Sometime ago I fell in love with Russian authors like Dostoyevsky, Turgenev, and  Gorky and read several of their novels. There was a deep quality to them that I had not found in American authors. Perhaps it has something to do with the hardships that they endured daily (read Gorky's three book autobiography: My Childhood, My Apprenticeship, and My Universities) living in the oppression and poverty that is found in Russia, particularly in Dostoyevsky's time in the 1800's.  Maybe this is what is needed, to feel the pain of hunger and longing for any quality of life, to get to the core of our hearts and souls and allow that ache to show in our writing. True pain, not from a toothache or a bad cold, but from too many nights going to bed cold and hungry.

I've also loved many of the other classics like Jane Eyre which I believe I read at least three times. I look for books that make me think. Although a Jane Green beach read is welcome on those hot summer days when you have no energy to do much of anything except raise a soft cover book up to your face, since I'm a relatively slow reader I prefer to spend my time with a book that has substance and weight (literal not physical). My goal in life, I've decided, is to learn as much as I can for as long as I'm able.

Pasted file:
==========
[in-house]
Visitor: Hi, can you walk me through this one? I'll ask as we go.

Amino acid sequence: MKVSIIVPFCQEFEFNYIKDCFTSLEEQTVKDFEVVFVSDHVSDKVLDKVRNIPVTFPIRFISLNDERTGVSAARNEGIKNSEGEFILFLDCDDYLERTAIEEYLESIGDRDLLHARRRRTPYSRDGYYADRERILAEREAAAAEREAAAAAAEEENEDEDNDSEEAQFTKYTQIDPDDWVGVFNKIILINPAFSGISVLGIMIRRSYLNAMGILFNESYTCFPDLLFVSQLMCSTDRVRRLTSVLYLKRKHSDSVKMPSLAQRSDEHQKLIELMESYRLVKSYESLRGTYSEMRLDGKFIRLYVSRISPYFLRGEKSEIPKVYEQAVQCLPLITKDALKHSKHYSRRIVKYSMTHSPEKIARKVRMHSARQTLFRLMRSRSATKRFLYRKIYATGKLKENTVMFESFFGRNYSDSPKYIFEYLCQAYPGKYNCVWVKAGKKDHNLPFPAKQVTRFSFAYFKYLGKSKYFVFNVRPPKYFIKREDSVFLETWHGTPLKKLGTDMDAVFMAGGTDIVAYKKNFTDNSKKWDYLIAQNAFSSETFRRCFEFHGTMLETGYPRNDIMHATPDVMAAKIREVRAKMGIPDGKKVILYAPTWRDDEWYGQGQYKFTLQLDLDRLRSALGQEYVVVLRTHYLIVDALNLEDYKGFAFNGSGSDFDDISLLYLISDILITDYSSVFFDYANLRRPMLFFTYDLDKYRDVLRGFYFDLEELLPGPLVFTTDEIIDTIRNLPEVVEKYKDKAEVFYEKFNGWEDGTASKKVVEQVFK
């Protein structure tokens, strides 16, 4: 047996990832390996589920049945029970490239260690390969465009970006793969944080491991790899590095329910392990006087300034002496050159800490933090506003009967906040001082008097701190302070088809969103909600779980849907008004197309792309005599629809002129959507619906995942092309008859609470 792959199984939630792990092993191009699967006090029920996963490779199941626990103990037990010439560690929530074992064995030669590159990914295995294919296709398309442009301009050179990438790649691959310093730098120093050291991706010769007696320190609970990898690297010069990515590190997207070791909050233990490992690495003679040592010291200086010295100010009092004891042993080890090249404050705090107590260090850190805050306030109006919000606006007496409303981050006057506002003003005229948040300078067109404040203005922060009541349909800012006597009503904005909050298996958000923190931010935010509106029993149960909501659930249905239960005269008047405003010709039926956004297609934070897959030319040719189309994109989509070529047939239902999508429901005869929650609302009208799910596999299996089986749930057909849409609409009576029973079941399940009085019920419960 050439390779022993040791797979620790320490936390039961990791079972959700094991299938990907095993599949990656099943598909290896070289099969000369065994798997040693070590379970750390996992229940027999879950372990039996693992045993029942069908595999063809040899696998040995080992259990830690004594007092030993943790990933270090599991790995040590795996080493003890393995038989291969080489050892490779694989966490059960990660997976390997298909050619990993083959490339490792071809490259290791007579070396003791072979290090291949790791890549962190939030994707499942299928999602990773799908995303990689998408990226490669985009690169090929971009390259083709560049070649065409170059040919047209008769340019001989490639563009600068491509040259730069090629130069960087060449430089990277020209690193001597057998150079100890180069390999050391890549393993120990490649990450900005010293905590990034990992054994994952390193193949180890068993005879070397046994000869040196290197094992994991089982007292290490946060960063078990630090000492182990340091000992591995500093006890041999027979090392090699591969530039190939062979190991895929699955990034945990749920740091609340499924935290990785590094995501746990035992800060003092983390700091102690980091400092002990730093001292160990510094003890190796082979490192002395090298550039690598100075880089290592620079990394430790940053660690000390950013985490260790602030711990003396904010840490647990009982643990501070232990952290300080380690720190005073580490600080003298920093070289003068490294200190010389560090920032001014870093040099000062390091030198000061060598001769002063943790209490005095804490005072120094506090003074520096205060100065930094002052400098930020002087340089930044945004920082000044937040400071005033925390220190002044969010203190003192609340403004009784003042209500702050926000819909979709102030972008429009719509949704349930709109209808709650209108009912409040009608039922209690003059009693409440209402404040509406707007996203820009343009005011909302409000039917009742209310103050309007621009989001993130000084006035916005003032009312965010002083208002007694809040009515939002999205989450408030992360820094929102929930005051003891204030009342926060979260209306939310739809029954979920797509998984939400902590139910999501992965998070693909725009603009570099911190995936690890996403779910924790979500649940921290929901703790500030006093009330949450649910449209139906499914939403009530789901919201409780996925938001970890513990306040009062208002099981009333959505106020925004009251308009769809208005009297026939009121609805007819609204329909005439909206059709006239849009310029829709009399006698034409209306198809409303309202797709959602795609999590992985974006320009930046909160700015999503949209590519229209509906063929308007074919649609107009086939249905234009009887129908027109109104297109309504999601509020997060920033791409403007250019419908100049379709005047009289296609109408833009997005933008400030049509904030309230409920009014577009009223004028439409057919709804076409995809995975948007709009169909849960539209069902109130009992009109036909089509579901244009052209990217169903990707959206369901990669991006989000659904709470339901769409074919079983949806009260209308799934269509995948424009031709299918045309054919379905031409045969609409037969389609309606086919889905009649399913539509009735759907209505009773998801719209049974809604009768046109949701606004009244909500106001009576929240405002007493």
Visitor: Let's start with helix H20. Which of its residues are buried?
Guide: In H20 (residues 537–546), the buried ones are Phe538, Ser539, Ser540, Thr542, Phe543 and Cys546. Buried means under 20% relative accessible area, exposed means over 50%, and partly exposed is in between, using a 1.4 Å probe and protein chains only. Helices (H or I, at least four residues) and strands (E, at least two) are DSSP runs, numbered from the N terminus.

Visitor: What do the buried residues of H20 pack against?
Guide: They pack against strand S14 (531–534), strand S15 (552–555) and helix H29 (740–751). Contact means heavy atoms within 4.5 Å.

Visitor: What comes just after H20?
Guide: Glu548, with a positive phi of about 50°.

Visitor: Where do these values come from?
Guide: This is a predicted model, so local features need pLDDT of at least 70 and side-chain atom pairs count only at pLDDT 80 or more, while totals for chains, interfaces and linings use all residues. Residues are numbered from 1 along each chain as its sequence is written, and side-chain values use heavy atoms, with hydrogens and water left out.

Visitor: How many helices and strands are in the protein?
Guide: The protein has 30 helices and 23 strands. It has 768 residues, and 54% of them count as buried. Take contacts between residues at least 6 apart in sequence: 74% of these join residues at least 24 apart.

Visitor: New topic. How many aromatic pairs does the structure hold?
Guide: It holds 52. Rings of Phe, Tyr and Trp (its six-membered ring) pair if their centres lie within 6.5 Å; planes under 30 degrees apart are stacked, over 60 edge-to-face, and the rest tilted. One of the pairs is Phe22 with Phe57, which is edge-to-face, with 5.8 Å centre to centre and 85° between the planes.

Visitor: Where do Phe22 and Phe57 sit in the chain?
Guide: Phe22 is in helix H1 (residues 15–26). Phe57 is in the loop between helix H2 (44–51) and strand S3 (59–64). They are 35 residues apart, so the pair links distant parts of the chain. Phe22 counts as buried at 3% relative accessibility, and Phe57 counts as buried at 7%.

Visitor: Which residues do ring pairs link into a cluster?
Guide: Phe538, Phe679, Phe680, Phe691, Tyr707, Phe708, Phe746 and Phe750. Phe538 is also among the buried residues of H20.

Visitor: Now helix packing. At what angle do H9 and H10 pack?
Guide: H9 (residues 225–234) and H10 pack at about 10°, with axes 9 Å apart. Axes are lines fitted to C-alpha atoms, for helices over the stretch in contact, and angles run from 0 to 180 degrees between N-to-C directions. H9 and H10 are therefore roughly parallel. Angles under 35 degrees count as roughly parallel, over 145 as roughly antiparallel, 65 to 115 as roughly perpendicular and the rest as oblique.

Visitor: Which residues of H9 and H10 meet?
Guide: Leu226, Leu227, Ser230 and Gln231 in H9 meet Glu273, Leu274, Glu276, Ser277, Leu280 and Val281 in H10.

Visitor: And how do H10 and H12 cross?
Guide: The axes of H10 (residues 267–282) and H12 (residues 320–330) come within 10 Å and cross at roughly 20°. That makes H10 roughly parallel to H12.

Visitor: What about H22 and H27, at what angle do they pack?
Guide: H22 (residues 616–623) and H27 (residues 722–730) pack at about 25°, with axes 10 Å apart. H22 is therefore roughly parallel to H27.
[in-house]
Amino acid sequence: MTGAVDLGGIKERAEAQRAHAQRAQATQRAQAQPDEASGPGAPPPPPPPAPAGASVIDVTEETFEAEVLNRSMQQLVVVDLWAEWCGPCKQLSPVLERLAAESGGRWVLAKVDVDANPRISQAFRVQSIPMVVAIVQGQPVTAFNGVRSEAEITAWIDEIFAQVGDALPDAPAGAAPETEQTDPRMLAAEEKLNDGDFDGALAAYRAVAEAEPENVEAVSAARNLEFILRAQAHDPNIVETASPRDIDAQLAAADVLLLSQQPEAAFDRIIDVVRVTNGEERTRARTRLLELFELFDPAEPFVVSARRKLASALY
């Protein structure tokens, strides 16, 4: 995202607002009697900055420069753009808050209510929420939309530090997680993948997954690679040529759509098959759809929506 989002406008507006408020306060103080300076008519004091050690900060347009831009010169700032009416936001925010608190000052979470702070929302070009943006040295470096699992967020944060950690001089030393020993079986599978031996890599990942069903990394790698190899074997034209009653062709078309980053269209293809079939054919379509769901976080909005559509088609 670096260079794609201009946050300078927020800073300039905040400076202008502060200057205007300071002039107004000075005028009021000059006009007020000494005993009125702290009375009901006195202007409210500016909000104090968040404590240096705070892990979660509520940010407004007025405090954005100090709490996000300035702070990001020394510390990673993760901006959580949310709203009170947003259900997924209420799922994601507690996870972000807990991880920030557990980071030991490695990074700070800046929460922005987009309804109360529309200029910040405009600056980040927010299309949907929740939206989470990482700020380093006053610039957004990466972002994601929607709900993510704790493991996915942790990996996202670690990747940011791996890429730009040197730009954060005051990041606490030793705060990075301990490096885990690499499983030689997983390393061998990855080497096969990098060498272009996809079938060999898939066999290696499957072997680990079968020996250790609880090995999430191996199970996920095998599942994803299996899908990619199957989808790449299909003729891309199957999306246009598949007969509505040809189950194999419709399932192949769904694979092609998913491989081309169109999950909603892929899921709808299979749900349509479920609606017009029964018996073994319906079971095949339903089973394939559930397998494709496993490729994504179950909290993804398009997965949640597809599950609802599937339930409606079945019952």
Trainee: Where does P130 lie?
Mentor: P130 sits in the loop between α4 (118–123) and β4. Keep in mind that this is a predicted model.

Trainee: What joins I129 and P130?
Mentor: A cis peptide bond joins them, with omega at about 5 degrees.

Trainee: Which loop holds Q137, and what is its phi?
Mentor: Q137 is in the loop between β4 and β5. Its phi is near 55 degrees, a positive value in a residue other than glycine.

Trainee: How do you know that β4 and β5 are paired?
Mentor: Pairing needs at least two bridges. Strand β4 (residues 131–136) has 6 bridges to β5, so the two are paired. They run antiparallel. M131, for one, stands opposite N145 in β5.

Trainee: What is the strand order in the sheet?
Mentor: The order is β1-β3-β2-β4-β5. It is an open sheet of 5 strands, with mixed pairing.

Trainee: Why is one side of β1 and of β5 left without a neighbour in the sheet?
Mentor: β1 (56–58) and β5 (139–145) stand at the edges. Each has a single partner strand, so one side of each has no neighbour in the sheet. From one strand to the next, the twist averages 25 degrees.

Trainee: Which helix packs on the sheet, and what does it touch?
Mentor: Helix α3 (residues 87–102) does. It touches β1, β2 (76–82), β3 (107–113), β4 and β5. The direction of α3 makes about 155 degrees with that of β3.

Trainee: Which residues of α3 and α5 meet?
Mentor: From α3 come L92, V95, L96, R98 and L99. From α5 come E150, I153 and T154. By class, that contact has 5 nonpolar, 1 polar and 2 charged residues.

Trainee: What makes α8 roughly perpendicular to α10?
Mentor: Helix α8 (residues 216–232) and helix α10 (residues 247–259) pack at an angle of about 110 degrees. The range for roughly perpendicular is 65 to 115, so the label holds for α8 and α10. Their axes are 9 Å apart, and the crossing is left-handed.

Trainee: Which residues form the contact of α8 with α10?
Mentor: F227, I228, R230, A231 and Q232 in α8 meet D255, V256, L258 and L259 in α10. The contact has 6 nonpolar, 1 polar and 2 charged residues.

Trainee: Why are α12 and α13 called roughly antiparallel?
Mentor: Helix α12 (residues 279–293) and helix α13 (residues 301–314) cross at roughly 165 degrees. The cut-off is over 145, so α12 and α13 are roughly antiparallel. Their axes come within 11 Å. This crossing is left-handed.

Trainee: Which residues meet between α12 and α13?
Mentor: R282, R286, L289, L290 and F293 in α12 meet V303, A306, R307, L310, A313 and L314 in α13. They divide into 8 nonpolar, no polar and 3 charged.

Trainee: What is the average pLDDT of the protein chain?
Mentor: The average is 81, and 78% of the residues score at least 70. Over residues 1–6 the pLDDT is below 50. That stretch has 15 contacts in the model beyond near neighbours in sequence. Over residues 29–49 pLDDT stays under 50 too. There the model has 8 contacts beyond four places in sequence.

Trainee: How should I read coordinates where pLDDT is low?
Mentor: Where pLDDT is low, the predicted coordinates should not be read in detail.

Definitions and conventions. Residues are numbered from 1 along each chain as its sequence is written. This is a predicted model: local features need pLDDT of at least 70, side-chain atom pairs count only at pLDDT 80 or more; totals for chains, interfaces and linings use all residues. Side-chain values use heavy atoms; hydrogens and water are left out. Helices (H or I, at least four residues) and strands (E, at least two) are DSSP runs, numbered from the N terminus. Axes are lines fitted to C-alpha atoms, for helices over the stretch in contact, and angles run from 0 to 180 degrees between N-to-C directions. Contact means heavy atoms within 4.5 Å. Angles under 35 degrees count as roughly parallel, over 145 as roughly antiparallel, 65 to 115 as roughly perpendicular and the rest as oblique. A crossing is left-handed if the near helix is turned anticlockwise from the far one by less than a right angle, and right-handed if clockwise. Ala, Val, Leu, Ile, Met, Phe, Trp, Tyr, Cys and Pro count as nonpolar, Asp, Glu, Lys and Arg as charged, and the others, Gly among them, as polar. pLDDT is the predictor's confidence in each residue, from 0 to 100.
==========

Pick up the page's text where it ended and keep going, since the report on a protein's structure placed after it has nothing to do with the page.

I've also enjoyed contemporary authors such as Annie Proulx, Margaret Atwood, and just recently Roxane Gay. I'm always impressed by an author's extensive vocabulary. This is the one area where I believe I fall short and I'm constantly adding to my arsenal of words. They are, after all, my tools.

I've read so many books over the years and still have a rather long, short list of books I want to read next with a mix of classic and contemporary thrown together. I have no doubt that my 'favorites' list will continue to grow.

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